Weather Events in 2023: El Niño, Maui Fires, unprecedented warnings, extreme heat & “exceptional” drought

Looking back on the major weather events of 2023 unveils nature’s unpredictability in the times of El Niño— we experienced everything from the deadliest wildfire in a century and unprecedented tropical storm warnings to months of extreme heat and “exceptional” drought that strained producers across Rural America.

Looking back on the major weather events of 2023 unveils nature’s unpredictability in the times of El Nino. From the deadliest wildfire in a century and unprecedented tropical storm warnings to months of extreme heat and “exceptional” drought — the major weather event of last year strained producers across Rural America in a myriad of ways, and many will continue to grapple with the lingering impact of these treacherous storms as they echo into 2024 and for years to come.

Let’s review the major weather headlines of 2023:

El Niño

We cannot begin to discuss the weather of last year without reflecting on El Nino, which set in again back in April, and its ongoing impact on conditions around the world. A study in the journal Science warned that El Nino could lead to $3 trillion in global economic loss and put a major strain on ag production.

The unsettled global weather pattern is known to cause extreme temperatures, drought, and strong storms. They can last for periods as short as six months but typically span at least nine months to more than a year. According to the National Weather Service’s Climate Prediction Center, there is a 60-percent chance the current El Niño will end between April and June of 2024.

The Maui Wildfires

The United States experienced a relatively quiet wildfire season in 2023, with one significant exception in Hawaii. While many fires burned there, the Lauda Fire was declared the deadliest single wildfire in the United States in more than a century.

In a recent address to the media, U.S. Dept. of Agriculture (USDA) Meteorologist Brad Rippey recounted the devastating wildfires on the Island of Maui:

[The Lauda Fire was] the deadliest U.S. single wildfire in more than a century — since some of the Great North Woods fires back in the early 20th Century across Minnesota, Wisconsin, and neighboring states in the Upper Midwest — the current death toll there is 100 individuals. That came in an overall fairly quiet wildfire season for the United States as a whole and underscores that even in an overall quiet season, whether you’re talking about wildfires or hurricanes, you can still have a single or a couple of very devastating events.
USDA Meteorologist Brad Rippey

The Lahaina Fire burned over 2,170 acres, and USDA’s initial estimates reveal more than 6,300 acres of agricultural land was scorched.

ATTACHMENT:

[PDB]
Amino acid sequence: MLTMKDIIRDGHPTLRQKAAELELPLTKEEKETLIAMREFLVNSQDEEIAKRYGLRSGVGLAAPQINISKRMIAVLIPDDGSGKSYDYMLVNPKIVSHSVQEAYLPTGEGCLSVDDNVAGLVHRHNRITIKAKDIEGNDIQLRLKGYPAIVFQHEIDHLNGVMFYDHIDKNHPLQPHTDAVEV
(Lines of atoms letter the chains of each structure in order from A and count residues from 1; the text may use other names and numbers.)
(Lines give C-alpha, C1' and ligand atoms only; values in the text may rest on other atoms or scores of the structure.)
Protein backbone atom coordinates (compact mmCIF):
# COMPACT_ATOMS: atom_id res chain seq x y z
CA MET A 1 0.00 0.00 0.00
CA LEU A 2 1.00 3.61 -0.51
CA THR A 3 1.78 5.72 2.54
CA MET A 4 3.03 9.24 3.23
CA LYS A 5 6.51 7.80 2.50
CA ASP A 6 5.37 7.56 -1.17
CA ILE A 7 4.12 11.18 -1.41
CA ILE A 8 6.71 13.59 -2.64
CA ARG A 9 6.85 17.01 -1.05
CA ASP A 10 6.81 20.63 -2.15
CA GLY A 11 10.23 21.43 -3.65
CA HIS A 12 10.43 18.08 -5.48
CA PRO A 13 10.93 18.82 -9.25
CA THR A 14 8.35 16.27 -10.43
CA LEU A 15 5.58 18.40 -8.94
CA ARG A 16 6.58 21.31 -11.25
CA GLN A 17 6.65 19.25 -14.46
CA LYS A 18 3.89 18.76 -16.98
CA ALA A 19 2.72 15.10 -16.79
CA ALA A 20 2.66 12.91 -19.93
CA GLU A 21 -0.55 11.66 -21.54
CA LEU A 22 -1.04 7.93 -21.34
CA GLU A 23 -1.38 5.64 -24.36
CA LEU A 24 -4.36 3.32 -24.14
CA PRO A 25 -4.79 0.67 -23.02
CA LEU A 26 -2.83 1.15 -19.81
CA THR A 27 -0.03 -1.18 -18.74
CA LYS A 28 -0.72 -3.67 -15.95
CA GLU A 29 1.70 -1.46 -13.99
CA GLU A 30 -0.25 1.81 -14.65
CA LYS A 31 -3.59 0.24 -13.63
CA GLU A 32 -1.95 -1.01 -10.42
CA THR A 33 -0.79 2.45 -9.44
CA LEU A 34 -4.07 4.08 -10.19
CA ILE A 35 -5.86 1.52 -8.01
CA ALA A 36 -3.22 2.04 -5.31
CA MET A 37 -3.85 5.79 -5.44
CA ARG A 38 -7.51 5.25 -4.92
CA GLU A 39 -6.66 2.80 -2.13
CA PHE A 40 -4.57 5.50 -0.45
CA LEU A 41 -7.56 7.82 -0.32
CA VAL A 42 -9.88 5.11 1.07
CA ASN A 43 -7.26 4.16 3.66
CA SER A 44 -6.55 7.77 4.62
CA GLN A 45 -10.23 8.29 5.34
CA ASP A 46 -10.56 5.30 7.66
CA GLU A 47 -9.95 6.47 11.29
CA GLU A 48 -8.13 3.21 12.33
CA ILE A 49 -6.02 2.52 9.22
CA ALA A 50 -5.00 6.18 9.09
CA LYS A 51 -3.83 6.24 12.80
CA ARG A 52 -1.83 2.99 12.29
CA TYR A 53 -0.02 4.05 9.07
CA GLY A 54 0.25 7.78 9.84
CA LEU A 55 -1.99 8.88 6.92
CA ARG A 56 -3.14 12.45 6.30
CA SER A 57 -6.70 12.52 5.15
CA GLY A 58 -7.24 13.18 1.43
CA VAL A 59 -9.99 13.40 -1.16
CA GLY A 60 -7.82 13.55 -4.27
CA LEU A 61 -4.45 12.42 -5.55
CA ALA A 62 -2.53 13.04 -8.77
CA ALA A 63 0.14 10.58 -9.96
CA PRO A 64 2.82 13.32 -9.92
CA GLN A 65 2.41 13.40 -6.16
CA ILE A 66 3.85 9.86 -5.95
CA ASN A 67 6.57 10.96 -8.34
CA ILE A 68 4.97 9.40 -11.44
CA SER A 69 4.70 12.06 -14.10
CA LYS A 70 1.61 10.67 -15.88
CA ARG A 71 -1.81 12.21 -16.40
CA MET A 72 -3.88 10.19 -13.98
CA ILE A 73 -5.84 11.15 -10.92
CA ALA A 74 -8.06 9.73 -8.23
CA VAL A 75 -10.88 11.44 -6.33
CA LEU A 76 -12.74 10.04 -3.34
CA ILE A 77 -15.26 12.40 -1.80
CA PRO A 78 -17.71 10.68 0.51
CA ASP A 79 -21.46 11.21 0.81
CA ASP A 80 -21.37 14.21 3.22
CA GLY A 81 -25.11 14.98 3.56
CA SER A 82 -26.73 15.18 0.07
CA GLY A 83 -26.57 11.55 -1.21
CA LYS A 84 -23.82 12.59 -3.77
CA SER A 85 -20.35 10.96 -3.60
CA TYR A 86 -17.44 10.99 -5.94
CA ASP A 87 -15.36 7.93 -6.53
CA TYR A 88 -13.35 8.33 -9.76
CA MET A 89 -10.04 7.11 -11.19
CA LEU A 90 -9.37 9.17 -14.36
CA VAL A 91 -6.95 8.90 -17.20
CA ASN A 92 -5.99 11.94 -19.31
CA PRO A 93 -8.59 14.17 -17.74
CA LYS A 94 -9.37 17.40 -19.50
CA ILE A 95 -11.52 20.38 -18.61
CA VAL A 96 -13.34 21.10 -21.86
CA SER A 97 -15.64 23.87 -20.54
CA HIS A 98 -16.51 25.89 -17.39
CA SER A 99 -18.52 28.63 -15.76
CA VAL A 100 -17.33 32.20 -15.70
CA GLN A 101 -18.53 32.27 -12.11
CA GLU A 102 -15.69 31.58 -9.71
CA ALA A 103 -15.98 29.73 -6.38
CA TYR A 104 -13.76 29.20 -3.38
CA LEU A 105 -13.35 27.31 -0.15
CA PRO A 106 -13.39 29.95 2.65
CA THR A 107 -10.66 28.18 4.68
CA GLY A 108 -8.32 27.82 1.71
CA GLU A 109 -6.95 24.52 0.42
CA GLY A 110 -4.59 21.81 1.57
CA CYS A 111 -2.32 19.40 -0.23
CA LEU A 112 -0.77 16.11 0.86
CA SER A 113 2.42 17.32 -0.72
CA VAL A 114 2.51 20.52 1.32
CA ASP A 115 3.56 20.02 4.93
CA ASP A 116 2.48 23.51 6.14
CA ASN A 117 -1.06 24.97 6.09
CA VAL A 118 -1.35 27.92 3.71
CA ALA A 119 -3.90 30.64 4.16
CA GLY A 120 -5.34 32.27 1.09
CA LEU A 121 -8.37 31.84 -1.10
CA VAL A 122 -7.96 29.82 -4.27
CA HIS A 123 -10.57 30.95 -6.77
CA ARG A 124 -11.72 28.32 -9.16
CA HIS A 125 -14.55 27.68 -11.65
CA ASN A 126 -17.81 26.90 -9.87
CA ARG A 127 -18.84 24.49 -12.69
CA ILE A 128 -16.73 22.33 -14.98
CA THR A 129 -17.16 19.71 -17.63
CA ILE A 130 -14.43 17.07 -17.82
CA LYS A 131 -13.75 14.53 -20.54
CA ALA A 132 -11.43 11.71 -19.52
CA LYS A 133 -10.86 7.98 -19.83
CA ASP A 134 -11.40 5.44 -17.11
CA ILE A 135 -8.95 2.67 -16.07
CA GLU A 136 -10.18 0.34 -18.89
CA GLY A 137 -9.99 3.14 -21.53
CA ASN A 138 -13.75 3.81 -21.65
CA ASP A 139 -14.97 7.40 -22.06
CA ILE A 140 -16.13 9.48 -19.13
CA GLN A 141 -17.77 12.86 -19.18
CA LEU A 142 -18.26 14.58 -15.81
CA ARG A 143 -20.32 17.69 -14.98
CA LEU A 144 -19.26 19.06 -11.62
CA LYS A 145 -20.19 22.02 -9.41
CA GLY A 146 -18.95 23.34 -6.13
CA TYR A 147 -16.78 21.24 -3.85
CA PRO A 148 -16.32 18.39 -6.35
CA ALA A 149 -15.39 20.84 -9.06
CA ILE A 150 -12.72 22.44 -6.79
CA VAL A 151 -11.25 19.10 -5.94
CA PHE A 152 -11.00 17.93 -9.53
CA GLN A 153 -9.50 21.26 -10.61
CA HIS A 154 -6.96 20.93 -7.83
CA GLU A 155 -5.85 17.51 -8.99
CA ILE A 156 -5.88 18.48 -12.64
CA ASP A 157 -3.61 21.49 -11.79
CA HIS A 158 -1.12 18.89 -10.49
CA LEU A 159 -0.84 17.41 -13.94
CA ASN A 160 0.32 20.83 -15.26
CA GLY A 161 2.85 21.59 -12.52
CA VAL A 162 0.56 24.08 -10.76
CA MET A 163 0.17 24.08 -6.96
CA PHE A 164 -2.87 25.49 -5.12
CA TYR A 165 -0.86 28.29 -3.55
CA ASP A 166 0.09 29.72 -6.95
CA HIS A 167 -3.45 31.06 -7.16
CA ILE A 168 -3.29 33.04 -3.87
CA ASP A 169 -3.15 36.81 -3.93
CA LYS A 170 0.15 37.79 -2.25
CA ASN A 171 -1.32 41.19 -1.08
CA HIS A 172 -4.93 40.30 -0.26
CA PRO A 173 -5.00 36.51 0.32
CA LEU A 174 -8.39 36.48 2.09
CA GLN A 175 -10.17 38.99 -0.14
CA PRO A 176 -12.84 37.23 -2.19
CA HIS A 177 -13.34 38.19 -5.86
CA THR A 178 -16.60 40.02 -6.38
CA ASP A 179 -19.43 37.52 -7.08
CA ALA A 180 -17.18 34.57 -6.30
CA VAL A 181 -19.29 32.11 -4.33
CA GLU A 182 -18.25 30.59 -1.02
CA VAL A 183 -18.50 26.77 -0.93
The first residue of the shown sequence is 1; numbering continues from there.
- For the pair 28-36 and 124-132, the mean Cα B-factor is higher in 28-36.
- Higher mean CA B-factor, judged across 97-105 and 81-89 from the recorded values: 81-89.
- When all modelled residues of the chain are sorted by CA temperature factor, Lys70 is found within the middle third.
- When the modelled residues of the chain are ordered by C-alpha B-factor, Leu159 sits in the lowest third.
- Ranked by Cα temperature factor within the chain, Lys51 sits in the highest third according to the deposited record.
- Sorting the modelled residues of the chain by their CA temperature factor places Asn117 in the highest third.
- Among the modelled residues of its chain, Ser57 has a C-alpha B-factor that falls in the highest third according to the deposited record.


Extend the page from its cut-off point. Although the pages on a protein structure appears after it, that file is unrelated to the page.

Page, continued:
Unprecedented Tropical Storms

In other 2023 weather highlights, Rippey discussed two notable tropical systems, including the first-ever tropical storm warning in Southern California.

“Hurricane Hilary, an eastern Pacific storm, moved into Southern California on August 18th,” Rippey said. “This system, a tropical storm upon entering Southern California, resulted in the first-ever tropical storm warning for the region. Flash flooding and high winds impacted the Southwest, with record 24-hour rainfall totals from California to Idaho.”

The most significant hurricane to hit the U.S. in 2023 was Hurricane Idalia, making landfall south of Perry, Florida, on August 30 as a Category 3 storm with 125-mile-per-hour winds,” Rippey said. “The storm caused significant damage across the Big Bend area of Florida, moving into Georgia before exiting the Southeastern Coast. Early reports indicate nearly $4 billion worth of damage and five fatalities related to the passage of Hurricane Adalia.

Triple-Digit Heat & “Exceptional” Drought

We have covered the extreme heat and drought that has strained producers and stressed livestock across the
country for months on end. While the summertime heat has abated for now, giving livestock producers a chance to recoil and recover, ongoing drought concerns for many key crops linger into the winter for many.

According to the U.S. Drought Monitor, fifty-five percent of the contiguous U.S. was experiencing some level of drought in January 2023, with the more extreme conditions seen in the Plains and Western regions. In some regions of the country, conditions reached levels classified as “extreme” to “exceptional” for long periods.

Now, as the year begins, 70 percent of the same area is facing dry conditions, However, the focus has shifted to the South, Southeast, and Gulf Coast regions. Experts predict drought is likely to stick around in 2024.

For Rural America’s current weather conditions, daily farm-focused forecasts, and the latest weather headlines and resources, please visit RFD-TV Weather.

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